The Army has awarded Lockheed Martin [LMT] an accelerated contract to begin production on five additional Sentinel A4 radars, the new variant of the system, while also speeding up the overall program by six months, according to the company.

The new deal for additional radars arrives just two years after Lockheed Martin won a $281 million contract covering production of 18 Sentinel A4 systems.

Sentinel A4. Photo: Lockheed Martin.

“From the beginning, this program was always focused on beating any program requirements and delivery requirements by at least six months,” Mark Mekker, Lockheed Martin’s director of Army radars, told Defense Daily during a briefing at the Association of the United States Army conference.

Lockheed Martin was awarded the contract in September 2019 to deliver the new A4 version of the AN/MPQ-64 Sentinel radar which provides air surveillance and fire control data, and to transition the system to Active Electronically Scanned Array technology (Defense Daily, Sept. 25 2019). 

The upgraded version of the radar is designed to identify and track multiple threats simultaneously, including cruise missiles, unmanned aerial systems, rotary wing and fixed wing aircraft, and rocket, artillery, and mortar threats

The A4 will replace the Sentinel A3, which was built by Thales and Raytheon Technologies [RTX].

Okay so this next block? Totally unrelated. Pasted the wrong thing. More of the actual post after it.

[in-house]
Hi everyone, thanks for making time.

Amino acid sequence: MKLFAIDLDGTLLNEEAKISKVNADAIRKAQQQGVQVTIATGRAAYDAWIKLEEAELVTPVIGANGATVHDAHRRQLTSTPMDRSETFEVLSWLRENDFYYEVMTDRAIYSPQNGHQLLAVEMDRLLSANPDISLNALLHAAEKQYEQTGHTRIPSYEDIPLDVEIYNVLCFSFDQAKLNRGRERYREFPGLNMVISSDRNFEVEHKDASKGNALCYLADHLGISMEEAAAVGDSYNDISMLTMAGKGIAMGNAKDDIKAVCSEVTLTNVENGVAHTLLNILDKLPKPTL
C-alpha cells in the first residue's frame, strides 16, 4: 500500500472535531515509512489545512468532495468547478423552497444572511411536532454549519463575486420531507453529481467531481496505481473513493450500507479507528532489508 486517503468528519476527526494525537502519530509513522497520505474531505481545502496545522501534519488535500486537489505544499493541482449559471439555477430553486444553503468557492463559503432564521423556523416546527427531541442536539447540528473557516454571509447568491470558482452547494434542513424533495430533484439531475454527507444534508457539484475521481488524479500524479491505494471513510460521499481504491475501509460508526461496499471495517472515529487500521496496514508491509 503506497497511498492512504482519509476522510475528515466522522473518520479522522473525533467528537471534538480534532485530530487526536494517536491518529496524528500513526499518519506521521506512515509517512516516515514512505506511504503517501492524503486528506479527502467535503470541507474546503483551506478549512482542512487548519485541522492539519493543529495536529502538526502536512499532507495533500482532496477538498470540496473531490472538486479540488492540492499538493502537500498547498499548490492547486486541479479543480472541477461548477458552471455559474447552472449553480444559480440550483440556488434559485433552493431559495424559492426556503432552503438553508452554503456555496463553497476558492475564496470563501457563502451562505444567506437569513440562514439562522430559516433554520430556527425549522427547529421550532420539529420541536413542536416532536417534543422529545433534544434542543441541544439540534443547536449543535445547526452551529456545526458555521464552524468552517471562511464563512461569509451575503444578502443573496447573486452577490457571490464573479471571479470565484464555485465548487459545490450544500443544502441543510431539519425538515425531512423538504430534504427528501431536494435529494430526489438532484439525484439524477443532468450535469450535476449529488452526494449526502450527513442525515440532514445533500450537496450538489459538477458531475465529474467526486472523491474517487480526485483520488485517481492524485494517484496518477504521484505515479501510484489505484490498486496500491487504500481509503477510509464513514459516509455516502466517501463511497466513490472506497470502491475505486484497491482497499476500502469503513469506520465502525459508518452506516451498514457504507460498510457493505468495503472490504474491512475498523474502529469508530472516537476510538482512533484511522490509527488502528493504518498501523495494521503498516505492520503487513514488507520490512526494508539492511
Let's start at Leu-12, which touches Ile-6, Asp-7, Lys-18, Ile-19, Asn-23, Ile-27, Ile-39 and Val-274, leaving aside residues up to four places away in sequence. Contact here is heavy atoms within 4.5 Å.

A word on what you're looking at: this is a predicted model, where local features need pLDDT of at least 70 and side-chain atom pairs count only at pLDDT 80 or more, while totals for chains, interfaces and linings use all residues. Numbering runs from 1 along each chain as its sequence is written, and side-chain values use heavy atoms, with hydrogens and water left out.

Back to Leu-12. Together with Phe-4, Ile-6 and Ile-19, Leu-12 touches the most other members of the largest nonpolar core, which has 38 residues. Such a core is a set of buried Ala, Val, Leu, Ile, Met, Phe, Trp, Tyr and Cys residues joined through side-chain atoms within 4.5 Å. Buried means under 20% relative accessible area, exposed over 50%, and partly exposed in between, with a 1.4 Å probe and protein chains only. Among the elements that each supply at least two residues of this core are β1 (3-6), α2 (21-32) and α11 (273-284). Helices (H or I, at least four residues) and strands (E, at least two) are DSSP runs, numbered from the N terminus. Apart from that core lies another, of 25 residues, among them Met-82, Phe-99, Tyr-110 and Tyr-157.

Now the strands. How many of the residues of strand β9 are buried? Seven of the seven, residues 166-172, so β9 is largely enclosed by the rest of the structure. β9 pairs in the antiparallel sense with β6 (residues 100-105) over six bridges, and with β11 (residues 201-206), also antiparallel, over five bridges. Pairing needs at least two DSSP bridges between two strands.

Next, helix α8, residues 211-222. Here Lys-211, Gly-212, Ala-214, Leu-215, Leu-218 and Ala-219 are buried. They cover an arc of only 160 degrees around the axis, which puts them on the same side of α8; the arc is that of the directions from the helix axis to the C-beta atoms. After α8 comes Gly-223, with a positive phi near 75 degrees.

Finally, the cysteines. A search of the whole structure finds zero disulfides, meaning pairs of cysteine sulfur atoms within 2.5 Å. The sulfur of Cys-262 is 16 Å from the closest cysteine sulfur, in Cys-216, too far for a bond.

Lockheed Martin completed production of the first Sentinel A4 this summer, with the first five radars going through testing ahead of delivery to the Army in March 2022.

“What the Army did a couple months ago was they saw where we were with the system, the maturity of it and that we’re in our testing and integration program and seeing really good results. They ordered an additional five systems so that they can use those systems as user evaluation systems during their operational test. So they’ll go to other users in the Army that use them tactically to get feedback into the system sooner rather than later,” Mekker said.

Lockheed Martin said the long-lead deal for five additional radars was awarded “two years earlier in the development process than in previous programs.”

“We were able to do a lot of virtual reviews for the preliminary design review and critical design review in the midst of the COVID pandemic. The great partnership with the Army allowed us to make decisions quickly and help move the program forward. Also, we leveraged digital transformation from the standpoint of model-based engineering. We were able to do all of our models for the hardware and also share that with our supply base, so that helped get the product progressed along faster versus waiting for the traditional drawings to get released,” David Kenneweg, a senior program official for Lockheed Martin, told Defense Daily.